29. Employers often prefer to recruit those already in employment rather than a suitably qualified unemployed person, because it is seen as a less risky option. Job seekers, particularly those experiencing a sustained period of unemployment, may also be cautious about their ability to meet the demands of a job. The Institute of Employment Studies argues that in these circumstances, both would benefit from a "no-risk trial run".[54] It says that the experience with work placements under the NDYP and with Work Trials shows that it is much easier to bring employers and job seekers together on a low or no commitment basis for a finite period than it is to place job seekers directly into permanent positions. Work Trials and placements therefore can serve to reduce employers' nervousness about recruiting a long-term unemployed person by exposing them to the achievements that can be made. This in turn, as Mr Meager suggested, can lead to employers re-evaluating their own recruitment practices which would have screened out unemployed people or in some cases lead to a permanent job offer (a phenomenon which Jeff Jablow, Vice President of the Wildcat Corporation, described as temp-to-perm).[55] Work Trials also provide unemployed people with work experience, which many recruiters see an important selection criterion. They may also increase the clients' confidence in their own abilities.[56] We recommend that the Government and the Employment Service should seek to expand the opportunities for work placements and trials for unemployed people.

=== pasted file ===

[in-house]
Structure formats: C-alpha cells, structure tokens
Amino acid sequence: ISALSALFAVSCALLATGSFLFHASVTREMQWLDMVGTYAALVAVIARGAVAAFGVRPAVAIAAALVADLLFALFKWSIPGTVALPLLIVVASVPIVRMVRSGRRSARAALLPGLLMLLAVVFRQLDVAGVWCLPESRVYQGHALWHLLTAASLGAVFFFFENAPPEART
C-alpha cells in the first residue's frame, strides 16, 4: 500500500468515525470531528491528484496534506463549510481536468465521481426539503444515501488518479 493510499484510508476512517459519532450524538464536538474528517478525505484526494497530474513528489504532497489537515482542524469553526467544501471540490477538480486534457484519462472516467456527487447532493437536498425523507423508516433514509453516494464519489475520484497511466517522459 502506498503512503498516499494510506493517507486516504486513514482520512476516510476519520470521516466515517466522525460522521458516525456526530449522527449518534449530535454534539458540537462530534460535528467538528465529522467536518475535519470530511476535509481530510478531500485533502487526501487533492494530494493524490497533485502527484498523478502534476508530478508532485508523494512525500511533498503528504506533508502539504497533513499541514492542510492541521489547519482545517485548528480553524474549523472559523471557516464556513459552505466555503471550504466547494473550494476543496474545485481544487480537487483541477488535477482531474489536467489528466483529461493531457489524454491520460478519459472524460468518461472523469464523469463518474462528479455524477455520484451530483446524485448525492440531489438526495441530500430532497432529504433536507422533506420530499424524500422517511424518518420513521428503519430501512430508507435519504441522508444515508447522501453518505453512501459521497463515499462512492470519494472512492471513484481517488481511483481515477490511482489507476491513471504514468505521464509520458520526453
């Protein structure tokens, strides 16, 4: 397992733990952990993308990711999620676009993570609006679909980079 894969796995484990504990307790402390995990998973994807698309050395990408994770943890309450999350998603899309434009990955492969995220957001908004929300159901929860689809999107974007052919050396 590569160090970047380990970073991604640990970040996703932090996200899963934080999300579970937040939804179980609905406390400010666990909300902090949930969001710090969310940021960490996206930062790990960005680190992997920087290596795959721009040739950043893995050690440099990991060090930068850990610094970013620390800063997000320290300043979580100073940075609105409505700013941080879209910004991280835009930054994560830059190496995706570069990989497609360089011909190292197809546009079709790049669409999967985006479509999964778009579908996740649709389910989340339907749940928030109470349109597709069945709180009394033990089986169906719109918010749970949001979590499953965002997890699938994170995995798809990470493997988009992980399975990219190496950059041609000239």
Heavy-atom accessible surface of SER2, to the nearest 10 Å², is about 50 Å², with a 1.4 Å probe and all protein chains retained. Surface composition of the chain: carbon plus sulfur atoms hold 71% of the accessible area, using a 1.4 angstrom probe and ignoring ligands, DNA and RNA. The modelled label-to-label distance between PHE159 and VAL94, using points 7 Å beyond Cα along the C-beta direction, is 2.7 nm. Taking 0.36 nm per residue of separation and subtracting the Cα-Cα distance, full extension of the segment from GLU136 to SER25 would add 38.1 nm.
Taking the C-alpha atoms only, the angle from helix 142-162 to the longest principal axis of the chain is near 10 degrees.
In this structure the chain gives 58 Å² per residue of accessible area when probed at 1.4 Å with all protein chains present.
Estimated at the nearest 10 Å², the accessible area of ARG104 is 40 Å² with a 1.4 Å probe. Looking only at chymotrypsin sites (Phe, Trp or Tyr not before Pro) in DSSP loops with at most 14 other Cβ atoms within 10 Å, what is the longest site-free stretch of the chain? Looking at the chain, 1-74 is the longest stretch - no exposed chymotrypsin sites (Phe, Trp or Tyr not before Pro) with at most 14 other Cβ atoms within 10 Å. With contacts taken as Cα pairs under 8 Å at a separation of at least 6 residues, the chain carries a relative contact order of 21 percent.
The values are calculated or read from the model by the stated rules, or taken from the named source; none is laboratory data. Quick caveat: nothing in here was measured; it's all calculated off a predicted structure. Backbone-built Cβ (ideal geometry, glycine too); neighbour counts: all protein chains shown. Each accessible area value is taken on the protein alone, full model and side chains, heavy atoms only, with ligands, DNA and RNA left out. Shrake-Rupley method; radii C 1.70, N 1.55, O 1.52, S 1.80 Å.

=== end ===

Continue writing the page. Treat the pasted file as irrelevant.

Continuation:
30. In contrast, however, both the current evaluations of New Deal[57] and the evidence submitted to this inquiry suggests that the job subsidies provided under New Deal (three of the New Deal variations, NDYP, New Deal for 25 plus and New Deal for the Over Fifties, include a facility for employee subsidies) are not a strong inducement to recruiting long-term unemployed people. The take-up of New Deal subsidies by employers has not been huge, accounting for only about 25 per cent of placements under NDYP; furthermore, this proportion has been falling since the scheme was launched. Job subsidies are usually seen as having a positive substitution effect: that is, they will increase the recruitment of those job seekers who attract a subsidy at the expense of those who do not. We are not aware of any evidence that the subsidies provided under New Deal have yet had a significant substitution effect; in part this may be because the take-up has been so low and in part because of the tight labour conditions.